Tahiti (French Polynesia)
Tahiti, largest island of the Îles du Vent (Windward Islands) of the Society Islands, French Polynesia, in the central South Pacific Ocean. Its nearest neighbor is Moorea, 12 miles (20 km) to the northwest. The island of Tahiti consists of two ancient eroded volcanic cones, Tahiti Nui and Tahiti Iti (the Taiarapu Peninsula), connected by the narrow Isthmus of Taravao. The island, with an area 403 square miles (1,043 square km), accounts for almost one-third of the total land area of French Polynesia. Papeete, on Tahiti’s northwestern coast, is the capital and administrative centre of French Polynesia.
Official Language: French
Population: 277,679 (2018)
Easter Island (Chile)
A remote Polynesian island in the pacific, Rapa Nui, or Easter Island as it is largely known, contains a unique volcanic landscape and a wealth of archaeological wonders. Many voyagers will pay a visit to Rapa Nui National Park, a UNESCO World Heritage Site and home to many relics of the Rapa Nui culture. Here voyagers can gaze upon the iconic stone statues (Moai) at Ahu Tongariki, explore the ceremonial village of Orongo showcasing pre-historic dwellings and rock carvings, as well as Rano Raraku, the ancient quarry from which the stones for the moai found all over the island emerged. Aside from its abundant archaeological sites, outdoor adventurers can snorkel the crystal seas around the southern island of Moto Nui, or hike on one of the island's many trails to popular sites such as Península Poike or Maunga Terevaka, the highest point on the island.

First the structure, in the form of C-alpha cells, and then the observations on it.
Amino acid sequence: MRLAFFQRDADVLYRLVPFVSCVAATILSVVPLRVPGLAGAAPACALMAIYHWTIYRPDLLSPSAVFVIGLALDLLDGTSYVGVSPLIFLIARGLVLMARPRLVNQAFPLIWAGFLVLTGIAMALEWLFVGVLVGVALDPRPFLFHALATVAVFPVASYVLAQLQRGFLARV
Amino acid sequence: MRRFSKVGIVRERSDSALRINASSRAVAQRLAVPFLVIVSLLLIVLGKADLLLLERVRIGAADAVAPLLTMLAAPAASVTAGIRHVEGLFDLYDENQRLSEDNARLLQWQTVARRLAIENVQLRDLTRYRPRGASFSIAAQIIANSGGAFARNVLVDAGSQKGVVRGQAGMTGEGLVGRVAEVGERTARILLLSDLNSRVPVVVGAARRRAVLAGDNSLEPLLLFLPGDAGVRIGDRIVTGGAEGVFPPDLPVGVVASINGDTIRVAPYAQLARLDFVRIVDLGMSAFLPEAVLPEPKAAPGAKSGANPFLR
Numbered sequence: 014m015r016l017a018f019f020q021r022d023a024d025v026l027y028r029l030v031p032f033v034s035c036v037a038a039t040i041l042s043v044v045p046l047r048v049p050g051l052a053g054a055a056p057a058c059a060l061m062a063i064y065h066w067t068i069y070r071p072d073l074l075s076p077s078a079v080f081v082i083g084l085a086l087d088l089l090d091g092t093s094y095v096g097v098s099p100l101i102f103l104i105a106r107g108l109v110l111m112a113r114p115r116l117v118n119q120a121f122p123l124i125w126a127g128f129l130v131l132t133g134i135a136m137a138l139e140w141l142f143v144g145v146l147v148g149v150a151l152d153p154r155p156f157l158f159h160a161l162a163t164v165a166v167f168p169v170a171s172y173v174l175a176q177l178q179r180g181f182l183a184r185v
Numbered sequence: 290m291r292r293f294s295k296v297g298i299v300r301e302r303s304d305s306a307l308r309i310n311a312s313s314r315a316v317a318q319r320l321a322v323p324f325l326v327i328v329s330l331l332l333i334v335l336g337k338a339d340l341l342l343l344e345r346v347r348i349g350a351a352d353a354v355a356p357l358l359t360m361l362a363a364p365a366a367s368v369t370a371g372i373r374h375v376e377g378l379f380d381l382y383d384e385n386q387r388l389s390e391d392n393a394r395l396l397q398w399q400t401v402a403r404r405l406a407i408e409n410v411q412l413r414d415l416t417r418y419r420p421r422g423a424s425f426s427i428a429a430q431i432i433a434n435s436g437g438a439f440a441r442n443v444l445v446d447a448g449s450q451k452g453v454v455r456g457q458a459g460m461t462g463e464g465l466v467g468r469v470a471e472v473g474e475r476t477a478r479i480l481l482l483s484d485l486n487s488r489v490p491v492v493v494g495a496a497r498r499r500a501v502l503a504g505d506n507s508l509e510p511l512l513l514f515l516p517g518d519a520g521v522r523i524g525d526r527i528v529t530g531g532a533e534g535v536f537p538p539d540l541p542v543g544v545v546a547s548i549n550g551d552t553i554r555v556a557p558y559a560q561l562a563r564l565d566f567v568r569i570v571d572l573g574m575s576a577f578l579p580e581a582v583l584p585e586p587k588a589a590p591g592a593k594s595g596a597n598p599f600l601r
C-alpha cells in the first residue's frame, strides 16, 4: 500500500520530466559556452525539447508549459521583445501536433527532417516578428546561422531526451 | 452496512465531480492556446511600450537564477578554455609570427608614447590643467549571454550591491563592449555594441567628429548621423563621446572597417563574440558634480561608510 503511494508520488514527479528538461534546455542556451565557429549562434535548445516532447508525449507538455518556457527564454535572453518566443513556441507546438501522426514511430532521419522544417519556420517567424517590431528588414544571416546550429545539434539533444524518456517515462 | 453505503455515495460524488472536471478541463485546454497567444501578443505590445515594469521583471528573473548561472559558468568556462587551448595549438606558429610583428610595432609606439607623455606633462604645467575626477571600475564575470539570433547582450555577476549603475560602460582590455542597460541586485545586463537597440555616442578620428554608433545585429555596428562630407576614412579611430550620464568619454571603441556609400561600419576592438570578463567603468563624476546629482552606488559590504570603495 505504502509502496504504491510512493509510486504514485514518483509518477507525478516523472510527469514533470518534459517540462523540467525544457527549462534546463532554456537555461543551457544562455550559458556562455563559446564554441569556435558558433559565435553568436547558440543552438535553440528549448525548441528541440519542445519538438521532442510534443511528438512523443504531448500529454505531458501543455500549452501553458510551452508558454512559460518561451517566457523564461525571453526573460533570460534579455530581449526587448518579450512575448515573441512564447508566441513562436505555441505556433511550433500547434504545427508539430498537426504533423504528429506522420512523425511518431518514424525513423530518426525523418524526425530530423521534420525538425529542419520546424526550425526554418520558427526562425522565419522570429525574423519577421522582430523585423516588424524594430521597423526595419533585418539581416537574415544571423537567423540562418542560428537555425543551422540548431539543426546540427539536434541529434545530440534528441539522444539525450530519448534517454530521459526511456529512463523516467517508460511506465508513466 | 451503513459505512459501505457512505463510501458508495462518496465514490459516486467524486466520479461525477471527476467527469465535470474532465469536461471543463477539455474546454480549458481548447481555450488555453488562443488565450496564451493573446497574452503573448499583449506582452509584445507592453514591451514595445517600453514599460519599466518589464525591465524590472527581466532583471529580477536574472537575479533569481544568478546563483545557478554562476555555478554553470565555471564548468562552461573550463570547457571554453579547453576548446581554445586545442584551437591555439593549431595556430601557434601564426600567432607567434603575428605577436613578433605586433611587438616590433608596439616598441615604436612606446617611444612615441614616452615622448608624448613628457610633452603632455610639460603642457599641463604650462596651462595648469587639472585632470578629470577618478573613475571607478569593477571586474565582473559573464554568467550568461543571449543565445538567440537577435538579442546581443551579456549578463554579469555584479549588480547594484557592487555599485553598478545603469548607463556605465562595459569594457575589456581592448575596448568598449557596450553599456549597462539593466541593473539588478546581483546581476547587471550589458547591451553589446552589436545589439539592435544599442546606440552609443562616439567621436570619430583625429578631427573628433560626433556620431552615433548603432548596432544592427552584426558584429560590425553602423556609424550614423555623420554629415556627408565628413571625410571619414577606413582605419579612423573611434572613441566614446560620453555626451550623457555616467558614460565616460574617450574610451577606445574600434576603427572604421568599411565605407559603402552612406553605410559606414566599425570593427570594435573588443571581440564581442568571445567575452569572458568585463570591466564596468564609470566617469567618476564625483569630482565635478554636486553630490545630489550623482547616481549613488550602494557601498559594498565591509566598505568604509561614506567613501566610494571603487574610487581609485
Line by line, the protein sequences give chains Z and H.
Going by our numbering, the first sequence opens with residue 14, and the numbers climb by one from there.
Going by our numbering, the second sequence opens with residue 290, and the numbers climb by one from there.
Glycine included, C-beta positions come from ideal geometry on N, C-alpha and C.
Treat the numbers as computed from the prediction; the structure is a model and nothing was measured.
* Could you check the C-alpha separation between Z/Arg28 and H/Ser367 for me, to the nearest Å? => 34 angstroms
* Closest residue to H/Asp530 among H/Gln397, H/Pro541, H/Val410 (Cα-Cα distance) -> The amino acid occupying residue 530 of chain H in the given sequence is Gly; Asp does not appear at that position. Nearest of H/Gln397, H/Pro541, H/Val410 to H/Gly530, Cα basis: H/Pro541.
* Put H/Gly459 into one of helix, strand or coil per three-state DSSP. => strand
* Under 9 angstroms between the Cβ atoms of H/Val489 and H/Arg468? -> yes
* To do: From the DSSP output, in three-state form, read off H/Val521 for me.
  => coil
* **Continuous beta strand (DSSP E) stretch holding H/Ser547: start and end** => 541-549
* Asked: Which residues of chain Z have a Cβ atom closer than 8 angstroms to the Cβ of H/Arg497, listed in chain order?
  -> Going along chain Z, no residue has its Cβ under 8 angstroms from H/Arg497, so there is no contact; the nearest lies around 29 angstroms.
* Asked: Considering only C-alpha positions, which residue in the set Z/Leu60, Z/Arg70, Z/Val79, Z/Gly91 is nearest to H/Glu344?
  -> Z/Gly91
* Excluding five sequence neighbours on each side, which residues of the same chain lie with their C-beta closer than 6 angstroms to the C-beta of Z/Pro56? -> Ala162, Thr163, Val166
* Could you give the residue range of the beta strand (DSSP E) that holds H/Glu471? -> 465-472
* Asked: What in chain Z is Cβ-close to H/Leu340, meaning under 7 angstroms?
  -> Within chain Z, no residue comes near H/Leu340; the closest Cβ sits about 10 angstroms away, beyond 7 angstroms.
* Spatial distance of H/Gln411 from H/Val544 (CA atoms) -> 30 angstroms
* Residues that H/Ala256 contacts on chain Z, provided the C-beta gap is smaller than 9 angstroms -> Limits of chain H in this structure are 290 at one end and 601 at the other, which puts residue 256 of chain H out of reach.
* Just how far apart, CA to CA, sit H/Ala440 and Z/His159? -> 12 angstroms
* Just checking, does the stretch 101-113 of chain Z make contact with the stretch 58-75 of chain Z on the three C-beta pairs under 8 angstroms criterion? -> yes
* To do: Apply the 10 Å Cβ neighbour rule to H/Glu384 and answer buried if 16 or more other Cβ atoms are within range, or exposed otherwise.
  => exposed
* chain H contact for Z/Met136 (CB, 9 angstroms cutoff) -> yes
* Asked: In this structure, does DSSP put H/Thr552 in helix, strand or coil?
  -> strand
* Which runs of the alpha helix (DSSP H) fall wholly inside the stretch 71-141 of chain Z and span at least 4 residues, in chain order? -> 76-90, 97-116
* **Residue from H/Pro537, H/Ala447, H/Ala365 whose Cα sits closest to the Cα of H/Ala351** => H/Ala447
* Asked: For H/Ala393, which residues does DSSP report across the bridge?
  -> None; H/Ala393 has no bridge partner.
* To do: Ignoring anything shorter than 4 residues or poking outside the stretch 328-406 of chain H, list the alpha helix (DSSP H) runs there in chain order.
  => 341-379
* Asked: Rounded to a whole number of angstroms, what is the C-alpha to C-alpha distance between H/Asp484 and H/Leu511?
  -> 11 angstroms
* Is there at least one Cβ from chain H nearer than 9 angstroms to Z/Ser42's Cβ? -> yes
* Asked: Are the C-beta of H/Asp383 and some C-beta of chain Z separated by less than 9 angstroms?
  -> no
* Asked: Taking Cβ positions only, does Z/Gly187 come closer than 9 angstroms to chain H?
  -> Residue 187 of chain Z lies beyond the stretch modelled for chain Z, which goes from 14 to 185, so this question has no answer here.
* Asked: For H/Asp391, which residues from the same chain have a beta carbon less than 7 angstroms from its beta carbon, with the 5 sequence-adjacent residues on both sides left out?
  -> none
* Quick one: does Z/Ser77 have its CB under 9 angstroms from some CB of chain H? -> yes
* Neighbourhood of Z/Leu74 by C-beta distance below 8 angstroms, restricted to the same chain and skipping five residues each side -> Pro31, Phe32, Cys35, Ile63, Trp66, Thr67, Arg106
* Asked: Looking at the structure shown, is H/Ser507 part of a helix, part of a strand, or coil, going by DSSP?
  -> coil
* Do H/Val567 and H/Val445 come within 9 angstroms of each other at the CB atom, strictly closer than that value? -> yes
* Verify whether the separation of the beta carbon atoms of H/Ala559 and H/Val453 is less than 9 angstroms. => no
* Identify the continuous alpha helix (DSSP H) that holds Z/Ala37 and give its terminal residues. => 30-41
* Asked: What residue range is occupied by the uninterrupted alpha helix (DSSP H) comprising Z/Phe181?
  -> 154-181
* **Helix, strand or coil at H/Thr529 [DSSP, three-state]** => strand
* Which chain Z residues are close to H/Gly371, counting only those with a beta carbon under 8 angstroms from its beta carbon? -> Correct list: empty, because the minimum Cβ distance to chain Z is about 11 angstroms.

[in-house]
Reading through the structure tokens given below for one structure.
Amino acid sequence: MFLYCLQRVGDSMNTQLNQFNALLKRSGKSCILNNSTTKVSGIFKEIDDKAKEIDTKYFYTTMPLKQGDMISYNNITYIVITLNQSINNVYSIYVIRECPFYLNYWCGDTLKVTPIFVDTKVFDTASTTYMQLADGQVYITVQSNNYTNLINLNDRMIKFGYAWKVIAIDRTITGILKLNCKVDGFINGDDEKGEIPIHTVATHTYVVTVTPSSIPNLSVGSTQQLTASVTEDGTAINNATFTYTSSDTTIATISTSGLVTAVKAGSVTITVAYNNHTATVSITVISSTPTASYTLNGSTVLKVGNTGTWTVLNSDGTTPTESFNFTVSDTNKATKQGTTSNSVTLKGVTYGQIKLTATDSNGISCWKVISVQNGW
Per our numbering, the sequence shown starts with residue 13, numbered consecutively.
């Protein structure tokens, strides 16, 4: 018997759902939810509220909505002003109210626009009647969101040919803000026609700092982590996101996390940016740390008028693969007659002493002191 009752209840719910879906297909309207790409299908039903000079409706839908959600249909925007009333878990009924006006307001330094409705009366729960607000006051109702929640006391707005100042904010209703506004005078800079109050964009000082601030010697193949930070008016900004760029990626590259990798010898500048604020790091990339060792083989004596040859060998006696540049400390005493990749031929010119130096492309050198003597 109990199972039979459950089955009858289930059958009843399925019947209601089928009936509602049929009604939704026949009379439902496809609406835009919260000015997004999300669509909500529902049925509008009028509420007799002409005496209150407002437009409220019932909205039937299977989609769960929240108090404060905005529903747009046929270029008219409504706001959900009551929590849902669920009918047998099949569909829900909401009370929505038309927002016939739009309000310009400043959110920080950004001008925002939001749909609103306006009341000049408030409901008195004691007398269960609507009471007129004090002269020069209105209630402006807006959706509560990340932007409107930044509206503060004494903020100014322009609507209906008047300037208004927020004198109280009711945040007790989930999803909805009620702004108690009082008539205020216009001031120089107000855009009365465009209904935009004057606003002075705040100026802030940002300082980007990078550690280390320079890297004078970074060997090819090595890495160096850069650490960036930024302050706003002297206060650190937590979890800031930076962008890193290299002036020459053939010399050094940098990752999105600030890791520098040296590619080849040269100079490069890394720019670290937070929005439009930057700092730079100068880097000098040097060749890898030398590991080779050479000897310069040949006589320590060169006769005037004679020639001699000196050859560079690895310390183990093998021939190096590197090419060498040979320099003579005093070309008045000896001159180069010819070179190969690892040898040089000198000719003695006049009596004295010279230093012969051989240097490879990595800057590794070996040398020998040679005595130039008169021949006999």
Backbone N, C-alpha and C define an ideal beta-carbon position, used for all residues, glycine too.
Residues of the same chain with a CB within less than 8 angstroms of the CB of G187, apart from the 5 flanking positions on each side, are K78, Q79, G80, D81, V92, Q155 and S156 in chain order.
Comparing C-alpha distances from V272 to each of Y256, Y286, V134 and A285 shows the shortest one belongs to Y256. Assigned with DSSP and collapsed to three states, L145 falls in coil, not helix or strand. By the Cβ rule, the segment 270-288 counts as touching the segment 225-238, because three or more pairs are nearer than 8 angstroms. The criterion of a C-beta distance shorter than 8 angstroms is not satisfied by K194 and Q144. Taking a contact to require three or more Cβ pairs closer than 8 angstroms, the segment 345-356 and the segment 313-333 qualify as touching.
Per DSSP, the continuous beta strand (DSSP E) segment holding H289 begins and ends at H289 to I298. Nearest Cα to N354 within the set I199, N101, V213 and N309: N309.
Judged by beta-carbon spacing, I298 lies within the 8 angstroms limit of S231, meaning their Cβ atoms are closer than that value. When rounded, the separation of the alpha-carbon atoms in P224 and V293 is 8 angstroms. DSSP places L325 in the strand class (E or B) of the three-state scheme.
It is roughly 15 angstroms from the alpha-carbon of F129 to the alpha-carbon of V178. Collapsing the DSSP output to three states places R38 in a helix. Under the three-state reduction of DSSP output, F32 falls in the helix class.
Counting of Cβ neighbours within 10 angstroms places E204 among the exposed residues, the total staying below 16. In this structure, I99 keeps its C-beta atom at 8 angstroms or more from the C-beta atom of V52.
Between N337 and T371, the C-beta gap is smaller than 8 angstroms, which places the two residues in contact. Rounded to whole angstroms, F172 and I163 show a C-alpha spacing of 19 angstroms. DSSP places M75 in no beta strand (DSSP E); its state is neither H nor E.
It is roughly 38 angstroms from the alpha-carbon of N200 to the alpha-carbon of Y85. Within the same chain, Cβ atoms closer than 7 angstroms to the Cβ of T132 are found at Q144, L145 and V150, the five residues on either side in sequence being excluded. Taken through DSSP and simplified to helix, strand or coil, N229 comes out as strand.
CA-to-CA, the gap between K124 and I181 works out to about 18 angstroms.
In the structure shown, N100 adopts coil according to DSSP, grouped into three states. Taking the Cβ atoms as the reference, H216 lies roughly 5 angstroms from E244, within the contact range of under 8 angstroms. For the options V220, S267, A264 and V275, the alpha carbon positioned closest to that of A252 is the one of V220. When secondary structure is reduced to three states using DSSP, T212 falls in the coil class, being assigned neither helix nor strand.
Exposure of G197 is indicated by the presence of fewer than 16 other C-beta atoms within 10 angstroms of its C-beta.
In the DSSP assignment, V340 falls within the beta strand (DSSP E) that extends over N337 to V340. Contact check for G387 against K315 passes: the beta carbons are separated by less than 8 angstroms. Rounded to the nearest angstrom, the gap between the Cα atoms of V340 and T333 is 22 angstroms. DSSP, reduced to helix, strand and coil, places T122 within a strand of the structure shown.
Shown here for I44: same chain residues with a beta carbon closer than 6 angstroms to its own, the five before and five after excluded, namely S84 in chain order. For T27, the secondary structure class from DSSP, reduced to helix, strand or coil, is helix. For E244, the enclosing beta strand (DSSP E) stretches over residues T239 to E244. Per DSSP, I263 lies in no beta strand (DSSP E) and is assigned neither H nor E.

Ecuador is a patchwork of indigenous communities, including people of colonial Spanish origins and the descendants of Africans who were enslaved. Its capital, Quito, once a part of the Inca empire, has some of the best-preserved early colonial architecture on the continent. For a small country, Ecuador has many faces. They include Andean peaks, tropical rainforests and - 1,000 km (600 miles) off the coast - the volcanic Galapagos Islands, home to the animals and birds whose evolutionary adaptations shaped Charles Darwin's theories. Traditionally a farming country, Ecuador's economy was transformed after the 1960s by the growth of industry and the discovery of oil. Ecuador is a member of the United Nations and the Organization of American States.
Sources: U.S. Department of State, BBC News
Panama Canal Transit
Panama Canal Transit
Enjoy a day at sea as you transit through the Panama Canal. Completed in 1914, the 52 mile-long canal is one of the world’s greatest feats in engineering, providing passage between the Atlantic and Pacific oceans. Get an up-close look at the gargantuan locks as you coast through the canal that recently celebrated its 100-year anniversary and is undergoing a massive expansion project.
Sandwiched between two coasts, Colombia’s central mountains and lower Amazon region provide access to explore its famed coffee industry, of which the “Coffee Cultural Landscape” was declared a UNESCO World Heritage site. Voyagers not afraid of more rugged adventures can delve into Colombia’s status as the second-most biodiverse country in the world with a visit to the Amazon rainforest. In and around the port city of Cartagena, voyagers will traverse the attractive lanes of old town or explore the imposing fortress of Castillo San Felipe de Barajas.
Belize was the site of several Mayan city states until their decline at the end of the first millennium A.D. The British and Spanish disputed the region in the 17th and 18th centuries; it formally became the colony of British Honduras in 1854. Territorial disputes between the UK and Guatemala delayed the independence of Belize until 1981. Guatemala refused to recognize the new nation until 1992 and the two countries are involved in an ongoing border dispute. Tourism has become the mainstay of the economy.